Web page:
GIGABYTE still has Gaming G1 and other brands on its website, but these are obviously in transition as the G1 line is all made up of older parts. For some reason, GIGABYTE took nearly a decade to figure out what ASUS and MSI knew years ago, while those two companies have very different approaches to marketing. GIGABYTE fortunately, follows ASUS more closely than MSI, which is a good thing.
Motherboard model numbers on the other hand make a great deal of sense. While all the suffixes may not make much sense, it’s easy to understand that a UD3 motherboard is lower end than a UD5 or UD7. Newer, Aorus branded offerings tend to have a chipset > Aorus > Gaming > Level > + Options type of convention. This works out to looking like this: X470 Gaming 7 WiFi. This would be a higher end offering than the X470 Gaming 5, which would use the same chipset, but lack some features and wouldn’t include wireless networking.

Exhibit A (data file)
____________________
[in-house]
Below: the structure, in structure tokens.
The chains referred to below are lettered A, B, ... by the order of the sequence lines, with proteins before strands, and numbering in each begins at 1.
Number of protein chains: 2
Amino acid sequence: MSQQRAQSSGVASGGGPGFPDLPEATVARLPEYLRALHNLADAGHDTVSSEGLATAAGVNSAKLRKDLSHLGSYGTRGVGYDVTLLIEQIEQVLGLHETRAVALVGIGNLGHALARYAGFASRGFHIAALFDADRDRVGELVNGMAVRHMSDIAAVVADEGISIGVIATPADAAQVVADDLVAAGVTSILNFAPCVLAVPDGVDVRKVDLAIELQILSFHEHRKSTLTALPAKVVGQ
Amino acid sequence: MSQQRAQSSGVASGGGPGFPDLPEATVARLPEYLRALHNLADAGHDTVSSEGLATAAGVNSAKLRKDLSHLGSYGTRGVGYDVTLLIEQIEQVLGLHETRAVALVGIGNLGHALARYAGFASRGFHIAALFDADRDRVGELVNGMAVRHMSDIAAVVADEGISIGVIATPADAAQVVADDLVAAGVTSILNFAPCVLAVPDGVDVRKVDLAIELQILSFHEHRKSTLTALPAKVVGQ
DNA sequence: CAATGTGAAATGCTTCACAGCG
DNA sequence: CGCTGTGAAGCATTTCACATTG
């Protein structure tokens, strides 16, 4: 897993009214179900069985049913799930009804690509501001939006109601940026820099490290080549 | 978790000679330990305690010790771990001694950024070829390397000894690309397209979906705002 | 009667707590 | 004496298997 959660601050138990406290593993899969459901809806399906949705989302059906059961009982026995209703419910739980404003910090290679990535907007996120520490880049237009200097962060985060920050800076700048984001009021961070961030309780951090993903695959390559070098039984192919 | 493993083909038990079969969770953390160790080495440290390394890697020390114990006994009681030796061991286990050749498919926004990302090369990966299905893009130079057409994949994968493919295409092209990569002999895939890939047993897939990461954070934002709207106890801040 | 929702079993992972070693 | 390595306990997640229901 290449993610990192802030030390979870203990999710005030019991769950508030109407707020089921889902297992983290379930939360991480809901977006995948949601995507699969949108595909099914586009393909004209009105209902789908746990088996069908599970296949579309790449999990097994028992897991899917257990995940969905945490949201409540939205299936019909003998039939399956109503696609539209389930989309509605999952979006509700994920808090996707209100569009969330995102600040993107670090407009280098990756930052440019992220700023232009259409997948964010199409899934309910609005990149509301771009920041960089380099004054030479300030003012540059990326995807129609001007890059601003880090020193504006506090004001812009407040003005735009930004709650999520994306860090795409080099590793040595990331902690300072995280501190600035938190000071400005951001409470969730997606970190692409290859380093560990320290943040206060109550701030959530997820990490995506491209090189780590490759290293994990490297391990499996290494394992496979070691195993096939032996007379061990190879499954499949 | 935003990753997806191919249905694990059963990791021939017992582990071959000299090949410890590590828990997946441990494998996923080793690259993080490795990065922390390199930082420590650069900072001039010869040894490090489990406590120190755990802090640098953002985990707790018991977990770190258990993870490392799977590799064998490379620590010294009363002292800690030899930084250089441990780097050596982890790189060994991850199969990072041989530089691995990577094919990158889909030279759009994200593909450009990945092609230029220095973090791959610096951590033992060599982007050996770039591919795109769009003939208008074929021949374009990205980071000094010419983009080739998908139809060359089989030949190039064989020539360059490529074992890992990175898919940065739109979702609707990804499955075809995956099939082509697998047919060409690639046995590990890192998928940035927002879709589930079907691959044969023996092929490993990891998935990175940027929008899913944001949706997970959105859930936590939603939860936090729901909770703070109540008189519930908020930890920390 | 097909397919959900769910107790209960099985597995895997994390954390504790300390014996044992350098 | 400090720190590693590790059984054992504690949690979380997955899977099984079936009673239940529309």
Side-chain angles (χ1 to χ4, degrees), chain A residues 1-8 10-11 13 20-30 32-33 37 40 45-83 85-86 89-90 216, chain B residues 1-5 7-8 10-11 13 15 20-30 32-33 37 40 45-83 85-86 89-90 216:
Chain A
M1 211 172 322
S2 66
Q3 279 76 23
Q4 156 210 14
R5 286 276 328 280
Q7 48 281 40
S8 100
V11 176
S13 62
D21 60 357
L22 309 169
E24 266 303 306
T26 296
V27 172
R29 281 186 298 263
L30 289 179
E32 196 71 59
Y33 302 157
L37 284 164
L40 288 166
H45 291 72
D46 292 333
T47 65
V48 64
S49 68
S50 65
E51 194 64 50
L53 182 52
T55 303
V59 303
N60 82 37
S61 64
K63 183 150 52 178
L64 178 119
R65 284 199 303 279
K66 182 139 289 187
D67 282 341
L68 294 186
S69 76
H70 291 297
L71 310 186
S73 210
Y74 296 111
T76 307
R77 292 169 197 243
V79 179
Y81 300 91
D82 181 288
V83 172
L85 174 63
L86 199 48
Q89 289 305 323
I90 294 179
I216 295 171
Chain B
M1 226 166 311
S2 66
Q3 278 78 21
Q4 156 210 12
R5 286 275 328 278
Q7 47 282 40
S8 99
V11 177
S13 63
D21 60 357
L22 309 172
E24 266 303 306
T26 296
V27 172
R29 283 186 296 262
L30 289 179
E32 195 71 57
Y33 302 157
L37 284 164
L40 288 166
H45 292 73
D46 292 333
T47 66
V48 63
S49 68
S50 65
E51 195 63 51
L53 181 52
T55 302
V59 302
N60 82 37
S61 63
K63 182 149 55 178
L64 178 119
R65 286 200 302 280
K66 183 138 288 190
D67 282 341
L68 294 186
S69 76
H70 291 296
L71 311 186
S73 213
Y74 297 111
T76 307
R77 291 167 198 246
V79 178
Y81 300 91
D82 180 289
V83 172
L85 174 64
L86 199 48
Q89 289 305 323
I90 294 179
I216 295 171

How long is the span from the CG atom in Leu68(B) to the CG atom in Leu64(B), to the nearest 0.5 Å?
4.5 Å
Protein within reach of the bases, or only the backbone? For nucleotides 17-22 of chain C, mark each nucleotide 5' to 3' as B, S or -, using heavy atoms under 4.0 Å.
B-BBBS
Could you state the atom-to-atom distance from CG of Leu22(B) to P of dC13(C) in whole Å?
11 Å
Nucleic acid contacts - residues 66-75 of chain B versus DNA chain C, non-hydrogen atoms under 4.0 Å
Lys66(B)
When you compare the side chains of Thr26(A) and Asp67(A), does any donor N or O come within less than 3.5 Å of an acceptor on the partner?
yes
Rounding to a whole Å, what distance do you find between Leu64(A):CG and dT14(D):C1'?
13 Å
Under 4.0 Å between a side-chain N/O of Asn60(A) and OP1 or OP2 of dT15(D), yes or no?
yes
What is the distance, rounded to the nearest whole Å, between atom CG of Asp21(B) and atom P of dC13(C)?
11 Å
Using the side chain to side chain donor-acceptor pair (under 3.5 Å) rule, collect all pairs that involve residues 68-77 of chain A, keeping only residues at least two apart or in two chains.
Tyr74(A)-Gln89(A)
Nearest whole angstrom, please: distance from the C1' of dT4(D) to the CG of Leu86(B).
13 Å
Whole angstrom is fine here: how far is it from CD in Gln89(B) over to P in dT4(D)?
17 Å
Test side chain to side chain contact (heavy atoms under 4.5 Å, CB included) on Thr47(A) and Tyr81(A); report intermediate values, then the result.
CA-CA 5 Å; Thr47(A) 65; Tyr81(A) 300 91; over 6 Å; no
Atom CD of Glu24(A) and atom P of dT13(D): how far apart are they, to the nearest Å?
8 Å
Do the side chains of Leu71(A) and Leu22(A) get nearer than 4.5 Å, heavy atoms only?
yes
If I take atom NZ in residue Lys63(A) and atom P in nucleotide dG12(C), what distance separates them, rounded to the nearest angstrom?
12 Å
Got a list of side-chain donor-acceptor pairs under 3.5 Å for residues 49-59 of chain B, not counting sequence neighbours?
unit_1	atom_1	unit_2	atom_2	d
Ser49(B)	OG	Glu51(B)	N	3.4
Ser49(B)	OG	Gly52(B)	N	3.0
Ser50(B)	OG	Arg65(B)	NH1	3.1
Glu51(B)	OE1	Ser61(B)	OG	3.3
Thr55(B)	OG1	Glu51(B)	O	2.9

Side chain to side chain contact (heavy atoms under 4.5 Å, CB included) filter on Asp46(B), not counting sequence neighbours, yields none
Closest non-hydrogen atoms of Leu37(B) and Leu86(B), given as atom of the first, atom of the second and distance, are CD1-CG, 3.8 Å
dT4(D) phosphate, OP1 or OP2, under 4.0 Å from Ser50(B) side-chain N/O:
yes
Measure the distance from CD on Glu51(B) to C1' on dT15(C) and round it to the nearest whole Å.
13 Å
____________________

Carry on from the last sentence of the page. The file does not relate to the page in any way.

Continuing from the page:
The X470 Aorus Gaming 7 WiFi is based AMD’s X470 chipset for socket AM4 processors. This includes the Ryzen 1000 and 2000 series processors. The X470 chipset isn’t all that different from the previous X370 chipset. It features lower power consumption and supports AMD’s Precision Boost 2 and XFR2 technologies. Additionally, the chipset comes with a free license for its StoreMI feature. While this technology can be used on older X370 and X399 motherboards, there is a fee for the license. Aside from these aforementioned changes, the X470 chipset is identical to the X370 chipset. Motherboard vendors on the other hand have improved VRM designs and it looks as though power delivery has been improved from the previous generation on motherboards I’ve looked at thus far.